| Patrick J. Molloy (left), Chairman of the Board of Enterprise Ireland with Frank Ryan, Chief Executive Officer.
Enterprise Ireland has invested €275 million in the Third Level research and innovation system since 2000. During the 3 year period 2005 – 2007, the Third Level sector has produced 95 licences, 26 start-up companies and hundreds of patents and invention disclosures. 18 of the start-up companies were a direct result of Enterprise Ireland funding applied research. Last year alone saw 136 patents filed and 264 invention disclosures.
A Sunday Business Post survey in December 2006 found that Irish universities had obtained just 163 patents in major world markets since 1996. By comparison, the University of Bristol, a British institution with 13,000 students, filed 134 patents, while world research leader MIT secured 1,104 in that time, according to the World Intellectual Property Organisation’s patent database.
A major Forum to assist Third Level researchers in Ireland develop commercial possibilities from their work will be hosted by Enterprise Ireland in Dublin on June 18th next. The Forum will give researchers the opportunity to voice their opinion on the Irish research commercialisation system and what can be done to make it more effective.
This first Enterprise Ireland Applied Research Forum, entitled “From the Bench to the Boardroom – Commercialising Irish Research” will be held in the Guinness Storehouse.
It will also feature presentations by three researchers on how they brought their research to the marketplace, and a special “One to Watch” Award will be presented by the Tánaiste Mary Coughlan T.D. to the new researcher whose commercialisation efforts are deemed to have the most business potential.
Waterford Institute of Technology’s Barry Downes, a researcher who has successfully commercialised his research and a speaker at the event, has developed a software application which makes information syndication, and the usage of the massive amount of information available online, accessible by all types of computer users, according to Enterprise Ireland.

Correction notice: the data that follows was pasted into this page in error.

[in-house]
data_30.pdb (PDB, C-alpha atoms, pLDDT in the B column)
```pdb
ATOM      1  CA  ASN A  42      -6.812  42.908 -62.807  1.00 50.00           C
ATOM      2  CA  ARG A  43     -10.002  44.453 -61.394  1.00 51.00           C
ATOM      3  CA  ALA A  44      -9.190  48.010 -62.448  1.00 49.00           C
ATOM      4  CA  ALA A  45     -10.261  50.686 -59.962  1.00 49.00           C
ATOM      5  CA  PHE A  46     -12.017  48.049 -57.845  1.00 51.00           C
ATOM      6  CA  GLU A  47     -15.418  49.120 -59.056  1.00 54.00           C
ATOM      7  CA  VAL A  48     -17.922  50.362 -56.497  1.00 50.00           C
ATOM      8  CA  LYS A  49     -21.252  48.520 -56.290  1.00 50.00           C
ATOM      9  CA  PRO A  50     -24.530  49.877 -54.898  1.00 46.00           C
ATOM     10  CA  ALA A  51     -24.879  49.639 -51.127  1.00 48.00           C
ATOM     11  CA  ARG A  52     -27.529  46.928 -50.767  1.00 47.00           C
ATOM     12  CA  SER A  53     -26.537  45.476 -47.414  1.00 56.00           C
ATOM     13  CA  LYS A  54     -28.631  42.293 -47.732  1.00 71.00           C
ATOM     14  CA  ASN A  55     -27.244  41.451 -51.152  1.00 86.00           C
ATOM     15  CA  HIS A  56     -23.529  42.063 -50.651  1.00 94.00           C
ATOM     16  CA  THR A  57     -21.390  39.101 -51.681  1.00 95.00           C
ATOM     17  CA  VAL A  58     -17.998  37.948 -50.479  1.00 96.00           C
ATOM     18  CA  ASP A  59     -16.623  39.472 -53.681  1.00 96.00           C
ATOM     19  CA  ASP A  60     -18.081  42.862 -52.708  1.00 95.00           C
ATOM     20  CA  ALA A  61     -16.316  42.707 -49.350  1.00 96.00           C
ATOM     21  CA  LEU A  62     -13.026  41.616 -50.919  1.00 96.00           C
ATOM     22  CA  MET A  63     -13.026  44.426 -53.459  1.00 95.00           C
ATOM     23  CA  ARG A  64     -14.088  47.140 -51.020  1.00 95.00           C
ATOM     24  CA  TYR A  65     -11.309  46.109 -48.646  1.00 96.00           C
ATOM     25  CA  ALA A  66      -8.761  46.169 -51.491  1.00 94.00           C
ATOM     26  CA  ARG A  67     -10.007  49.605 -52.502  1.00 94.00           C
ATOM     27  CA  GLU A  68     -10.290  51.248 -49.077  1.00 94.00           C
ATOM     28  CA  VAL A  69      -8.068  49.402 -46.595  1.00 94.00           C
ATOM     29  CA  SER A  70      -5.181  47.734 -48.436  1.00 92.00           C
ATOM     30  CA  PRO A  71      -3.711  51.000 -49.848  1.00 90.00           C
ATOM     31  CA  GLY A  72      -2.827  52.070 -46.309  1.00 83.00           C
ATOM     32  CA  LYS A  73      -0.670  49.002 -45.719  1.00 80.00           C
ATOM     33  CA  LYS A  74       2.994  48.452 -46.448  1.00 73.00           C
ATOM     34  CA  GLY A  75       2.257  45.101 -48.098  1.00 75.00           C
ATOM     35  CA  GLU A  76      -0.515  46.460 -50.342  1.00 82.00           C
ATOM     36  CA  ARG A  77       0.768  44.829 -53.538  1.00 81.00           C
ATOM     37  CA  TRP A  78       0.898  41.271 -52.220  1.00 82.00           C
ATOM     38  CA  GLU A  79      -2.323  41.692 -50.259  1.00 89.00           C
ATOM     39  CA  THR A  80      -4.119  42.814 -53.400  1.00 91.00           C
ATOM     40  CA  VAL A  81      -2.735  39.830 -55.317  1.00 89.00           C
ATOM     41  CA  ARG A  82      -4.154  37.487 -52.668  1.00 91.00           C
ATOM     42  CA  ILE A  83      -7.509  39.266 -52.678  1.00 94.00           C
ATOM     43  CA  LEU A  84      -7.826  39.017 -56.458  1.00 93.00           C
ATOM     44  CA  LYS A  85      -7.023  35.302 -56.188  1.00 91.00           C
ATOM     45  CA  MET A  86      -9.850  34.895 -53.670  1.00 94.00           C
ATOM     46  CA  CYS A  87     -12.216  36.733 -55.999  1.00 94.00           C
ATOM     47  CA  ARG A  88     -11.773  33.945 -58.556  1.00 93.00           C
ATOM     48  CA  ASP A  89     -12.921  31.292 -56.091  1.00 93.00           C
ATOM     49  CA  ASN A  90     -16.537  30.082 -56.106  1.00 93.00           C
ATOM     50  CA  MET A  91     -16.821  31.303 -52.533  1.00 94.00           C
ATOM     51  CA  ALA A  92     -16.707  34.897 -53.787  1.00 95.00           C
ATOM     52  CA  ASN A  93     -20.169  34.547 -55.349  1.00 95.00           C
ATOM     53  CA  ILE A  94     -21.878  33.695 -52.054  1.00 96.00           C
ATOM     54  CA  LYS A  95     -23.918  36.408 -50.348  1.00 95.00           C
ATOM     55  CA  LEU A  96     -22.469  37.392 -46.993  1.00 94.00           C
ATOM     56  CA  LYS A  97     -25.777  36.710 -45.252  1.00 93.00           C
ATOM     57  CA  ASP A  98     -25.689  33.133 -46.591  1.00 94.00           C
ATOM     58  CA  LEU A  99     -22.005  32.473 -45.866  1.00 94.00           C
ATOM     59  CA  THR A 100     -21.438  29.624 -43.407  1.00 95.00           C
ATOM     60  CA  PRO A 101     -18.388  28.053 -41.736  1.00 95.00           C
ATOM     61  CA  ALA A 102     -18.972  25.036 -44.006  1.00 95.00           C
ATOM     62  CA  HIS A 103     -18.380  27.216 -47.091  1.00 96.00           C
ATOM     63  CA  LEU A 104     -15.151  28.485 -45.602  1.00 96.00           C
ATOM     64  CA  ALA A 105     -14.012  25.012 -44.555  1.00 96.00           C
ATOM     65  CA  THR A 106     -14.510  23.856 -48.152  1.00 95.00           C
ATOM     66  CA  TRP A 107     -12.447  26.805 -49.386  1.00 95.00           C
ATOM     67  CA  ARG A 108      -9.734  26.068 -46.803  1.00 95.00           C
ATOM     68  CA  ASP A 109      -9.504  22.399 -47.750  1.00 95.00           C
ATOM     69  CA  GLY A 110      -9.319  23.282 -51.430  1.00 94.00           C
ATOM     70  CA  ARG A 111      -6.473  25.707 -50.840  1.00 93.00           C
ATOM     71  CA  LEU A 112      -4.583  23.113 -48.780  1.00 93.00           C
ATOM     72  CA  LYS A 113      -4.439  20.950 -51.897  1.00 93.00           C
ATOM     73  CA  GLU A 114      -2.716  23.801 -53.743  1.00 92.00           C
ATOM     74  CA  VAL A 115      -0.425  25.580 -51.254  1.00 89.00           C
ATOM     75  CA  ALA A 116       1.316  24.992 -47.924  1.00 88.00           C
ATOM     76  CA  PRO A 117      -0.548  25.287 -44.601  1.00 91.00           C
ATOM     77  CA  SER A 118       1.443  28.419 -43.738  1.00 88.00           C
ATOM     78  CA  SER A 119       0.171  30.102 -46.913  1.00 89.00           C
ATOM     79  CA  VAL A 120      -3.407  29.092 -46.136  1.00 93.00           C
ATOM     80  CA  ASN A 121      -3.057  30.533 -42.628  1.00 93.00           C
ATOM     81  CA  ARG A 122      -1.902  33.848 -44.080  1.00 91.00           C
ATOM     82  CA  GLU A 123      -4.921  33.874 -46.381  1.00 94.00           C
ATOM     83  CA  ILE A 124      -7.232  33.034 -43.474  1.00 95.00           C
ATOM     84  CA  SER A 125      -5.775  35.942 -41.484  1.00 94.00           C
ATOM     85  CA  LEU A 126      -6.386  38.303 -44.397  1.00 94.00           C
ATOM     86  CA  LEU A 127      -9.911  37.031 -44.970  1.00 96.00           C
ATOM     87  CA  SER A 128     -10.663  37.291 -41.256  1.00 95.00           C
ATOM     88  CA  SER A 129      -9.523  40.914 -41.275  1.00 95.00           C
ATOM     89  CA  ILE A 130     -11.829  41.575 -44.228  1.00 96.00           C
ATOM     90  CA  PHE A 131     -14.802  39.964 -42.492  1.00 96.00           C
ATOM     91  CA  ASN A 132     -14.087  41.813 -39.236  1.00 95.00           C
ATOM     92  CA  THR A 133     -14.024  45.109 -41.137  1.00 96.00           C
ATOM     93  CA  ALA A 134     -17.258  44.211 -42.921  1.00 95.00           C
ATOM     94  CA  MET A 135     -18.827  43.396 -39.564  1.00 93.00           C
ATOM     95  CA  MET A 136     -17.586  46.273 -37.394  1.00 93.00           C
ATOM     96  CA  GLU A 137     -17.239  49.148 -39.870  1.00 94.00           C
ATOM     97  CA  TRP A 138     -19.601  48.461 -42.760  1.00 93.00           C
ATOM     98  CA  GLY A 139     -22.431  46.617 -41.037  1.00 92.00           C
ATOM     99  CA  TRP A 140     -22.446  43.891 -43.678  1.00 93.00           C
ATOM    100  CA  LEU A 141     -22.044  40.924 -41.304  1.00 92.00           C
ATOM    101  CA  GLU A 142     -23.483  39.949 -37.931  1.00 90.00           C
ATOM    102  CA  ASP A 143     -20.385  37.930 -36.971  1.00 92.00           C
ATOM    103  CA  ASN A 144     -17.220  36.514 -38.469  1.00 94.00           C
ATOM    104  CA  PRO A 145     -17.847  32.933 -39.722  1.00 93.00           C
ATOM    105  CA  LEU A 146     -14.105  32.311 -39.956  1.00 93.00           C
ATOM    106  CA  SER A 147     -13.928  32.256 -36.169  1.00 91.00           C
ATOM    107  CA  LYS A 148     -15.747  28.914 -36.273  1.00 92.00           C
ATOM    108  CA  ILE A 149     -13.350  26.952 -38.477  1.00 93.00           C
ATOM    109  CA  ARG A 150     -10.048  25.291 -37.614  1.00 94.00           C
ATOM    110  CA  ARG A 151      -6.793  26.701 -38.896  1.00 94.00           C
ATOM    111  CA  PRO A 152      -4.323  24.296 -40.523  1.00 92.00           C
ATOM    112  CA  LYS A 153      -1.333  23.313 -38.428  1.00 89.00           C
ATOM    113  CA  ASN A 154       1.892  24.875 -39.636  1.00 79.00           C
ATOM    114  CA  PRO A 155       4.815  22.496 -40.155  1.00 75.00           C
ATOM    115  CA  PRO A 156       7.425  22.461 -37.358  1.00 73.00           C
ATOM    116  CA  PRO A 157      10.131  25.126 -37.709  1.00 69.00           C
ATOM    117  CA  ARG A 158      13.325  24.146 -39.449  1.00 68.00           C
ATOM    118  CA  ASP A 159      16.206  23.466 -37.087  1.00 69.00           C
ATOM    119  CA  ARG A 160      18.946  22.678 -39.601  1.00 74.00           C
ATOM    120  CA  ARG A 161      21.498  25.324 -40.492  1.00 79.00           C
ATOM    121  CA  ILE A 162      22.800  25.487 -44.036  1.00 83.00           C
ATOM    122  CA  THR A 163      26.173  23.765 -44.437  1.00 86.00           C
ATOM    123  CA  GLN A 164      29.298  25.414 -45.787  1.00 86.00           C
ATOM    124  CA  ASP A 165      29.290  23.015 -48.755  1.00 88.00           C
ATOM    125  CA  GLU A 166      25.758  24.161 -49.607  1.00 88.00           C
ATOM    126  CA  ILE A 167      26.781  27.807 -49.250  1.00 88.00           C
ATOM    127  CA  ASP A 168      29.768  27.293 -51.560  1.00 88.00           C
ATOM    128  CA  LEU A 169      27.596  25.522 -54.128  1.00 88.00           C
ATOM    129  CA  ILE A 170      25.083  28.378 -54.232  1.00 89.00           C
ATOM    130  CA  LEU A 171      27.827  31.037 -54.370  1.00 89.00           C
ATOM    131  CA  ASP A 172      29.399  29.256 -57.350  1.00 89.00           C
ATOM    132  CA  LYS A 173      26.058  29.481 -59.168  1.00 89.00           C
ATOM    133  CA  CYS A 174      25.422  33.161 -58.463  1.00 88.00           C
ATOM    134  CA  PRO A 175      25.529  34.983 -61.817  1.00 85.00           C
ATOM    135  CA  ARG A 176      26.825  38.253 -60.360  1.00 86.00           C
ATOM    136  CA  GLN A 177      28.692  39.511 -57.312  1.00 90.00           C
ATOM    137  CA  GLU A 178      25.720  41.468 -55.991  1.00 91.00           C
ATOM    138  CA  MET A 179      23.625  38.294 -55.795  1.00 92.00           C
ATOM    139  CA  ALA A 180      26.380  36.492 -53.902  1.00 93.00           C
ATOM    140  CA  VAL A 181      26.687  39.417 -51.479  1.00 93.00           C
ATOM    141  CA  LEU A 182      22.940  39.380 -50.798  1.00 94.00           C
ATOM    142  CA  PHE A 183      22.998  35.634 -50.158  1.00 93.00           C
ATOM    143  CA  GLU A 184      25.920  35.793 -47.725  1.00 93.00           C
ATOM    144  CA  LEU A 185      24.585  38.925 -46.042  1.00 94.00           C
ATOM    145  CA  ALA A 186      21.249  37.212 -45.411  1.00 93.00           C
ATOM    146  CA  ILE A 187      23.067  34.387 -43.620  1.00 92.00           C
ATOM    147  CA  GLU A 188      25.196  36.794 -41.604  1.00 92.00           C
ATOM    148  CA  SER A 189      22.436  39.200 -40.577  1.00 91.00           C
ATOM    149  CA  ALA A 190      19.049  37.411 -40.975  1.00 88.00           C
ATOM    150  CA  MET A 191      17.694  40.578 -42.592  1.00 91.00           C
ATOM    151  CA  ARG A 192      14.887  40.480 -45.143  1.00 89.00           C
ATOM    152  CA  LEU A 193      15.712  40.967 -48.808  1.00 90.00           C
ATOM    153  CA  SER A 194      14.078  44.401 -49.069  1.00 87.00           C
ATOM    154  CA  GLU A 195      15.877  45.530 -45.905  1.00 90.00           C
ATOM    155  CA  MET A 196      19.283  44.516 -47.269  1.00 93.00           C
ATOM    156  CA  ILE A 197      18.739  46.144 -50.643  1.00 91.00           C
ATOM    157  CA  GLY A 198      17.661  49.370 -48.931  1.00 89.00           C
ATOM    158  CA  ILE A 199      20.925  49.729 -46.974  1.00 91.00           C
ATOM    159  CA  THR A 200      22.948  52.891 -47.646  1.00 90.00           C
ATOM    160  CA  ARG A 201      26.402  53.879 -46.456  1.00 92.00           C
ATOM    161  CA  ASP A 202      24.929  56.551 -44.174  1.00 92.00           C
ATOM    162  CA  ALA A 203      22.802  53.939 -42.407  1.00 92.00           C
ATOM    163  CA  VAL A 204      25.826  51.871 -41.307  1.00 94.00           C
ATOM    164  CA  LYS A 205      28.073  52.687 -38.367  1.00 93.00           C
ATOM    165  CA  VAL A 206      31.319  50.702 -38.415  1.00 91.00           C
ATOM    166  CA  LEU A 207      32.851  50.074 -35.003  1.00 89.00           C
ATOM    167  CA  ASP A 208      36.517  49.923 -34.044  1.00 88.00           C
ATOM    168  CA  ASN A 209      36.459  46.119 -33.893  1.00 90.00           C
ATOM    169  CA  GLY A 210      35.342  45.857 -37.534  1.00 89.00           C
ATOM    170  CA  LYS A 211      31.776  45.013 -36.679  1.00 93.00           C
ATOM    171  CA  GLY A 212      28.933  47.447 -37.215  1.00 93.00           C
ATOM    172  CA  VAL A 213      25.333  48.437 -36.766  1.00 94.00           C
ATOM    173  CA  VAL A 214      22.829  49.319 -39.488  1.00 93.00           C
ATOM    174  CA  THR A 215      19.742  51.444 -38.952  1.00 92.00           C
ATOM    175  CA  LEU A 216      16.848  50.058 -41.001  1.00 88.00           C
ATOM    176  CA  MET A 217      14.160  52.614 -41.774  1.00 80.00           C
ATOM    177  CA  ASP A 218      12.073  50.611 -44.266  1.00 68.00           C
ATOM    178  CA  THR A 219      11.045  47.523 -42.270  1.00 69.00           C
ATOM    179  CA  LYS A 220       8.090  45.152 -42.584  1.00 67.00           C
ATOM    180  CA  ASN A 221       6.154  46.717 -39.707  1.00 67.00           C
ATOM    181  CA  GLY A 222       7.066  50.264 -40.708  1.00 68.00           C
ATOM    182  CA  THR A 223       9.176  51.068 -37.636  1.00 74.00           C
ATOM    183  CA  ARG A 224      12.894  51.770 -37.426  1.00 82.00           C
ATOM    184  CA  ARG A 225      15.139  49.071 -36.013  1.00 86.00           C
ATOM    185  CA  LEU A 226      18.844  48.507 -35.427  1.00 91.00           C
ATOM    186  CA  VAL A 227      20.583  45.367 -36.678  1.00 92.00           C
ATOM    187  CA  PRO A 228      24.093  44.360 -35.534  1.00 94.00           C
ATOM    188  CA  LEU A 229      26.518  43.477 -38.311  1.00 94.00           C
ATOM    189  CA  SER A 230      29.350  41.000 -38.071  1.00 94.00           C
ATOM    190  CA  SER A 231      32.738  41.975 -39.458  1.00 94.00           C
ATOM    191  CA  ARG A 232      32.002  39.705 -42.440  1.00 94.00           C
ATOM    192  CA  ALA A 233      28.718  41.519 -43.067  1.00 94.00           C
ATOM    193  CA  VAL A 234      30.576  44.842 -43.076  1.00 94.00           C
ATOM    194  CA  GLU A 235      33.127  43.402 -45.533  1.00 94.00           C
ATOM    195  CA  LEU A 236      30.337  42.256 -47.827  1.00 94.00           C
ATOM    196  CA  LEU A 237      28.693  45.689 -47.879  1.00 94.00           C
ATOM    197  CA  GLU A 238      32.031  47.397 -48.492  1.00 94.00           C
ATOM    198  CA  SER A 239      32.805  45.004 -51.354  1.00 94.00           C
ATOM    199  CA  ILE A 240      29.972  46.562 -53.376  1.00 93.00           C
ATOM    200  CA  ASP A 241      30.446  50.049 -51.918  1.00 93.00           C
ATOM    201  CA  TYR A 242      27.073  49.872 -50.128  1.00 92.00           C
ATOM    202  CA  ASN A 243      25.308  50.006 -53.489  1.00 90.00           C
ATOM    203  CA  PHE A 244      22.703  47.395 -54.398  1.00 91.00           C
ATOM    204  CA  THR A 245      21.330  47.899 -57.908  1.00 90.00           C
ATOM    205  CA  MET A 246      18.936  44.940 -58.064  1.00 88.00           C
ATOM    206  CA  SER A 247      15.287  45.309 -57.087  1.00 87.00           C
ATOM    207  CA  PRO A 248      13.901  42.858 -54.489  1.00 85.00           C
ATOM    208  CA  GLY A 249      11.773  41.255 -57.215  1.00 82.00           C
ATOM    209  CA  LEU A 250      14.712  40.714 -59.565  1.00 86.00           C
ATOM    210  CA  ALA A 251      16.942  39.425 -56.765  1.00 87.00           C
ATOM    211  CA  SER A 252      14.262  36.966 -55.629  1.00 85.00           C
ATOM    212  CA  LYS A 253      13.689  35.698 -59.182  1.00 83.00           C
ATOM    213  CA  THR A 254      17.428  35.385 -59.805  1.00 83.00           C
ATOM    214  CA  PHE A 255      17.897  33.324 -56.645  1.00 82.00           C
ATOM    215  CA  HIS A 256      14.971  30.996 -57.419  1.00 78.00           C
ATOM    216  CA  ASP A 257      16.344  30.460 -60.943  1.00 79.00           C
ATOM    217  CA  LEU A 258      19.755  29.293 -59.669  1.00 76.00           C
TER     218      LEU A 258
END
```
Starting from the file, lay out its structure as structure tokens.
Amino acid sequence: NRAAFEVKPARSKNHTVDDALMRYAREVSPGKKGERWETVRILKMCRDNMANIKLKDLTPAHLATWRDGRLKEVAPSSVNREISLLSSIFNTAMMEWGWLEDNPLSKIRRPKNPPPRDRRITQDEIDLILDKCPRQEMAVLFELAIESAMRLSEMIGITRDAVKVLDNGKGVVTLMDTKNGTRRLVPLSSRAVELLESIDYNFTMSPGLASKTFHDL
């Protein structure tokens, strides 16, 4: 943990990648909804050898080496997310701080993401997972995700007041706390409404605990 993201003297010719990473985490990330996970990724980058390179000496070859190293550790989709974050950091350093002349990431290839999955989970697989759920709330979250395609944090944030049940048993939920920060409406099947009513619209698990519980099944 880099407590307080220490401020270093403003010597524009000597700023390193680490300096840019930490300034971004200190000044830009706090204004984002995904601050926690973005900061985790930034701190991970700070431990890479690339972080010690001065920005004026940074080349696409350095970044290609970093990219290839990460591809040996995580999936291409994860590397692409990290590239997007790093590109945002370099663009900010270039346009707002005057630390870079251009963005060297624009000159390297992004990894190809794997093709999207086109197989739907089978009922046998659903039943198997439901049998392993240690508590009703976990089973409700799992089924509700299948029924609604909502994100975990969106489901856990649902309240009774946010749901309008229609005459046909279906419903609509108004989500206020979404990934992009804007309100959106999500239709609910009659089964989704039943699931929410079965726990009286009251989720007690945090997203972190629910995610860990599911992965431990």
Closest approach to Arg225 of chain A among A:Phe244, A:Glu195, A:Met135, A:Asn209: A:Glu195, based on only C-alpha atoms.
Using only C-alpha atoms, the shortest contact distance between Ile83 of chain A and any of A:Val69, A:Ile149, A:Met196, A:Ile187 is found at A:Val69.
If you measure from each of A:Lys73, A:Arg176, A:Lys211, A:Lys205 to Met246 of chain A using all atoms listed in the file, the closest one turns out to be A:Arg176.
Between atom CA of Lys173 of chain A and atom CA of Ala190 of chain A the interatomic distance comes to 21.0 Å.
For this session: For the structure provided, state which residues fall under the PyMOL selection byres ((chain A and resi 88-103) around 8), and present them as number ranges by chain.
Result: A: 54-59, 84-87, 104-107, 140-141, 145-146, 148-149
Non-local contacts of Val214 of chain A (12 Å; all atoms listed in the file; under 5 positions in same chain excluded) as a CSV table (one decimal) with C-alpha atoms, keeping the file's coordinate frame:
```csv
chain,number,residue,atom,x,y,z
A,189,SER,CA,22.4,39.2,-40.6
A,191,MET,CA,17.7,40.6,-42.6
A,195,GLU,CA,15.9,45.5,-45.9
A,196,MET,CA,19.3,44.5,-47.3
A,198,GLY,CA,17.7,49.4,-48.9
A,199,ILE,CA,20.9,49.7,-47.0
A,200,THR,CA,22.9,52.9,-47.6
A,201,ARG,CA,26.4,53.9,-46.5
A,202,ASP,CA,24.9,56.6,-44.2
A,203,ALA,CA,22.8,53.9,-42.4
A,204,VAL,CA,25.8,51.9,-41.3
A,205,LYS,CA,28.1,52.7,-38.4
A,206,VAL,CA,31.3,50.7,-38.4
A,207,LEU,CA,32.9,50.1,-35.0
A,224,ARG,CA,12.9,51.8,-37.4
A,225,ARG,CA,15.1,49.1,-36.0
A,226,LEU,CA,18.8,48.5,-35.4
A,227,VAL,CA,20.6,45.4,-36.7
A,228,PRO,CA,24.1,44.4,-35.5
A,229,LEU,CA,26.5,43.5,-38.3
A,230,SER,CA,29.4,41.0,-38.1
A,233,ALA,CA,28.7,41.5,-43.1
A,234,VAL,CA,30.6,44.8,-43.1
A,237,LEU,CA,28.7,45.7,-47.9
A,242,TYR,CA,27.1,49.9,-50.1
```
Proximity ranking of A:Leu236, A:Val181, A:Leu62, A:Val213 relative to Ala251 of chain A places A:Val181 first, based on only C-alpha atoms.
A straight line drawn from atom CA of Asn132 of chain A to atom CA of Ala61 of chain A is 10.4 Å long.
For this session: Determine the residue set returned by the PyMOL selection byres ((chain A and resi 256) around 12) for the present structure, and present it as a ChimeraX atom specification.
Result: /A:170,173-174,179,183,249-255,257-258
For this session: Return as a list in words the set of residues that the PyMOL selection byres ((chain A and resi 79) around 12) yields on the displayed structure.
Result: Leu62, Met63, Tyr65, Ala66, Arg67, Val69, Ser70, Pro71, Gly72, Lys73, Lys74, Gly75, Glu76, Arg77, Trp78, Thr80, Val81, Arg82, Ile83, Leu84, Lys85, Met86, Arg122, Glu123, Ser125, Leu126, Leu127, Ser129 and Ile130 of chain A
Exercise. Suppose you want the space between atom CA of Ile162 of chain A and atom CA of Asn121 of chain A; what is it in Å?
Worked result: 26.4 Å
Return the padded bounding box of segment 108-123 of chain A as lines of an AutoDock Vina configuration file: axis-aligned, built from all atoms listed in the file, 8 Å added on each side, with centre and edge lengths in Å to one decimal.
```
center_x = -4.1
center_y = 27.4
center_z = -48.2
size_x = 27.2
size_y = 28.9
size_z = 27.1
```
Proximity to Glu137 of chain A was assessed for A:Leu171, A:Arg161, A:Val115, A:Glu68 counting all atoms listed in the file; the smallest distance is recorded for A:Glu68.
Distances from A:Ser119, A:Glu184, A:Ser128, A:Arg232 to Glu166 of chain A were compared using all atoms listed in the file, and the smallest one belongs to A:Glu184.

Downes says: “The world of information syndication has grown massively, and even though there are already over 9 million blogs, with over 40,000 new blogs per day, and a massive amount of other information being syndicated via feeds (e.g. news, stock prices, jobs, marketing information, etc.), no one seems to be making it any easier for the information to be used, found and merged”.
“With the funding and support from Enterprise Ireland we were able to turn our research discovery into a spin–out company http://www.feedhenry.com/”.
Feargal O Morain, Enterprise Ireland Executive Director, said that “Enterprise Ireland is committed to bringing research outputs to the marketplace and to do everything possible to support researchers engaging in the process”.
“Enterprise Irelands strategy is concerned with transforming Irish industry though innovation and making Irish companies competitive in global markets. To do this we work with our partners in the researcher system to spin off as much technology as possible. More innovative companies mean more opportunities for our young graduates and higher growth and prosperity for the economy as a whole.”
“The Forum will allow us to demonstrate the very high quality of the work being done by researchers around the country, and the real commercial possibilities that exist for researchers”, said O’Morain.
“As well as showing researchers what can be achieved with support from Enterprise Ireland, we want to ensure that companies are aware of the potential that exists for them within the third level research community”, he added.